Summary of The Fall of the House of Usher

Worth noting is that fear almost always relates to future events, such as worsening of a situation, or continuation of a situation that is unacceptable. Fear could also be an instant reaction to something presently happening. In line with thus M. Lewis J. M. Haviland-Jones 2000: 573 –593 say that: Fear should be distinguished from the related emotional state of anxiety, which typically occurs without any external threat. Additionally, fear is related to the specific behaviors of escape and avoidance, whereas anxiety is the result of threats which are perceived to be uncontrollable or unavoidable. Based on the theories above I will analyze the quintessential-features of gothic tale that find in Poe’s The Fall of the House of Usher. The haunted house, dreary landscape, terror, madness, fear and death are kind of gothic features that I can find in Poe’s The Fall of the House of Usher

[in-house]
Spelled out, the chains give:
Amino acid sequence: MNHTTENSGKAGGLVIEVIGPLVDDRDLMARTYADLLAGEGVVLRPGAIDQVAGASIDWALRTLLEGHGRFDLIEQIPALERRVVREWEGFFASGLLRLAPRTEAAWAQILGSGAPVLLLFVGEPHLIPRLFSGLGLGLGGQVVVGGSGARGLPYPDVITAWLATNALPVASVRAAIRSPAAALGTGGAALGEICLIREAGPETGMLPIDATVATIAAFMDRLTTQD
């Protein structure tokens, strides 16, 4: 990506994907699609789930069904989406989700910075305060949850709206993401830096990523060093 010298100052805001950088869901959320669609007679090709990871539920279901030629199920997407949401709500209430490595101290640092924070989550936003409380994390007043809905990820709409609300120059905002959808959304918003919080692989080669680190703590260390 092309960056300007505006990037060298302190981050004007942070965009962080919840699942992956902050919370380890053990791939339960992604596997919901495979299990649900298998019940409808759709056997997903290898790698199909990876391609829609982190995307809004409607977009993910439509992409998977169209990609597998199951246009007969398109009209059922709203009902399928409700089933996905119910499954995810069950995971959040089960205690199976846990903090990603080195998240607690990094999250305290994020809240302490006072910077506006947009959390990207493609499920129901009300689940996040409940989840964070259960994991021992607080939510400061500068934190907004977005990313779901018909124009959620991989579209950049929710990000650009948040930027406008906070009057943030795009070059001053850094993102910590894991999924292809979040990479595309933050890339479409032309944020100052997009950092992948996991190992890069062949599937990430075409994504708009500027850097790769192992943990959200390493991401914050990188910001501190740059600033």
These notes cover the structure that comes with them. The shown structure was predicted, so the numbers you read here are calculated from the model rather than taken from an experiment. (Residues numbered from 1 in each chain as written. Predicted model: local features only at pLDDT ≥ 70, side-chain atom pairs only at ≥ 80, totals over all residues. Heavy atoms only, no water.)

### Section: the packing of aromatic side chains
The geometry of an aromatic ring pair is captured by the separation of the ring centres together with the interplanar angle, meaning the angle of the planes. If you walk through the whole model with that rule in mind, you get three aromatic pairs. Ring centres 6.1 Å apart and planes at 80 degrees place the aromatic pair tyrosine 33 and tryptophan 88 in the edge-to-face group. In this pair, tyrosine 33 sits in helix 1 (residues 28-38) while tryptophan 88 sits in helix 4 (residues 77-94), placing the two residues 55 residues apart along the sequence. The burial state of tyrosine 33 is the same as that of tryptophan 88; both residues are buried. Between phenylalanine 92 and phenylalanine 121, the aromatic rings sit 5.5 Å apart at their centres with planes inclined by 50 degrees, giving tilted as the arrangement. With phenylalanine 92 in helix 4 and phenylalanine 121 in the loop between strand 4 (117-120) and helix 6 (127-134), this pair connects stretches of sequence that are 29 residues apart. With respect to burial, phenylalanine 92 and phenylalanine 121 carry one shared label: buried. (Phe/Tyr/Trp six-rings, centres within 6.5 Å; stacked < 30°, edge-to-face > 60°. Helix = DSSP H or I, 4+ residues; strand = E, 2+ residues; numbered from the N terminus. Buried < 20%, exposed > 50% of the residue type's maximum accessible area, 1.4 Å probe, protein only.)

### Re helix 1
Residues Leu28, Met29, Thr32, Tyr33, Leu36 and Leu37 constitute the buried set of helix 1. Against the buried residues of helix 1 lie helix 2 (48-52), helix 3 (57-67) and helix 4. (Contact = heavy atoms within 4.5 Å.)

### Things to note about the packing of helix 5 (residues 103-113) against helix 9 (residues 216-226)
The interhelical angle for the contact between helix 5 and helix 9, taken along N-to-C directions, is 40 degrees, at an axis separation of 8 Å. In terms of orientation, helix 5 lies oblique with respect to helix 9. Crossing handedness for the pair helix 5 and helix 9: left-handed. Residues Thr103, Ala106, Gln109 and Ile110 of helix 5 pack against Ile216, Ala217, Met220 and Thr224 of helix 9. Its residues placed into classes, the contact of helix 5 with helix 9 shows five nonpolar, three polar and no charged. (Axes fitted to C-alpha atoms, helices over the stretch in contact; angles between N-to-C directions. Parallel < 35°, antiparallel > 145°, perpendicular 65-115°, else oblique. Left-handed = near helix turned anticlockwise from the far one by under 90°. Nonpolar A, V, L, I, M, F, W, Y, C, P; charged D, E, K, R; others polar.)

2.2.4 Summary of The Fall of the House of Usher